Belfast Telegraph food critic Joris Minne's requests to dine at the Members' Dining Room at Stormont were turned down until it was opened up to the public in 2017.
Joris, who speculated at the time the refusals may have been prompted by an unfounded fear that he would poke fun at the lavish subsidised meals being enjoyed by the MLAs, was one of the first to take advantage of its opening to the public.
"It is very nice, very pleasant, traditional, proper Ulster fare - fresh fish, beef, lamb," he remembered.
"You feel as though you are part of a very exclusive club."
But he is a great believer in the idea that food, and its sharing around a table, is hugely important to politics, and notes that it is not unusual for democratic institutions, including the Houses of Parliament and Dail Eireann, to have subsidised meals.
"I completely back the idea, getting people around a table. It is really important," he said, adding that one of his memories from the earlier days of Stormont and one that illustrates for him the importance of food was watching with some disbelief Martin McGuinness and Willie McCrea queuing up together in the downstairs canteen.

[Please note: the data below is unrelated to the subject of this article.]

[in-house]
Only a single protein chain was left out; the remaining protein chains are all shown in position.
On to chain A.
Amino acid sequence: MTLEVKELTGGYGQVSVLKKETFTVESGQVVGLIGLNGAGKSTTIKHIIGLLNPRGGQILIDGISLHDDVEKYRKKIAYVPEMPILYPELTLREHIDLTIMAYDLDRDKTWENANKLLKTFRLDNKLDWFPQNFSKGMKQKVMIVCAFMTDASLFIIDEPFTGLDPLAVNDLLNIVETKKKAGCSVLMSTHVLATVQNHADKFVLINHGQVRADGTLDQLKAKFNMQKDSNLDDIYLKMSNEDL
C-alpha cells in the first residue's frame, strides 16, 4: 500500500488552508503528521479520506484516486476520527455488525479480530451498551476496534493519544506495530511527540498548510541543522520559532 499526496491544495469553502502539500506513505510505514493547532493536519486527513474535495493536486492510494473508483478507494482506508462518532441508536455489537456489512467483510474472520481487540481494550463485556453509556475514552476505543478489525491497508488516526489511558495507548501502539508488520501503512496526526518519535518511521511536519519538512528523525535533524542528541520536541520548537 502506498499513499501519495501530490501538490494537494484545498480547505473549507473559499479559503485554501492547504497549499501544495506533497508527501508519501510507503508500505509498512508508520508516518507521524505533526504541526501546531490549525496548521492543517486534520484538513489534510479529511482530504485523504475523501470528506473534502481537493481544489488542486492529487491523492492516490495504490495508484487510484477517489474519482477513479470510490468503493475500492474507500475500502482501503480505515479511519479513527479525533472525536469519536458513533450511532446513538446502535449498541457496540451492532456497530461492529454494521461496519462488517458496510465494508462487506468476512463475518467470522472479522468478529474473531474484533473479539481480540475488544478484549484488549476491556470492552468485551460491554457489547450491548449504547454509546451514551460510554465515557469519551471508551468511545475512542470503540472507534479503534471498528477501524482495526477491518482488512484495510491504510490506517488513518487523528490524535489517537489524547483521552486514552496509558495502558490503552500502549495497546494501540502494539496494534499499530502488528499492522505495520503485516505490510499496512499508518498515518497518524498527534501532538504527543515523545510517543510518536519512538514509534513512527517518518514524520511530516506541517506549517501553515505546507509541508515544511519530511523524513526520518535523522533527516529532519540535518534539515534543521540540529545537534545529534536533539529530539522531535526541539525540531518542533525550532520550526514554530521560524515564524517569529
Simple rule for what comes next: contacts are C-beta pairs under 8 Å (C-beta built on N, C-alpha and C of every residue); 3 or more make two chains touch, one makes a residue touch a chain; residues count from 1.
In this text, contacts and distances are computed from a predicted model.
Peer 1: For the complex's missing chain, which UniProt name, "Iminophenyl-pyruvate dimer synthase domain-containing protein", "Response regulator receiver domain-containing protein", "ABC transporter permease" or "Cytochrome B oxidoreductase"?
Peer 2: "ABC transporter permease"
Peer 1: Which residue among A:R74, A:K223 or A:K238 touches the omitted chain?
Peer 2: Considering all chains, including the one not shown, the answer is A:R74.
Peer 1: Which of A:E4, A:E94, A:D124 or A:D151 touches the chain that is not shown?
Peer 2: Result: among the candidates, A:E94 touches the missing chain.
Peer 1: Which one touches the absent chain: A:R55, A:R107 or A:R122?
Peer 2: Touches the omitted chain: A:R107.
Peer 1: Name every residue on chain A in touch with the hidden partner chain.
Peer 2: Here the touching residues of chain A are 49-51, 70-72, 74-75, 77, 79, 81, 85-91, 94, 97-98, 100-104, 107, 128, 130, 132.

And, he added, there was no huge "glow of smugness" that you were enjoying a subsidy while dining in the grand room, as a three-course meal, without wine, costs in the region of £20.
That compares to a three-course lunch at a Michelin-starred restaurant in the city costing around £28.
"There is a distinct sense that we have been permitted access, allowed on to hallowed ground, and should consider ourselves very lucky to be here," Joris wrote in his review.
As for the food, the critic said: "Starters of prawn cocktail are standard and the wheaten bread is fine. Toasted focaccia comes with an array of onion marmalade, oil and another dip of aioli. Another retro classic of watermelon and prosciutto is slightly too warm.
"The steamed hake with pak choi, miso broth and chilli and ginger is cooked too long and the broth, which has decent flavour if a bit overpowered by the ginger, fails to moisten it.
"The pak choi is crunchy and perfect, however. Chicken and cheese croquettes with Caesar salad is innovative and the vegetable frittata is more light Spanish omelette than fried veg."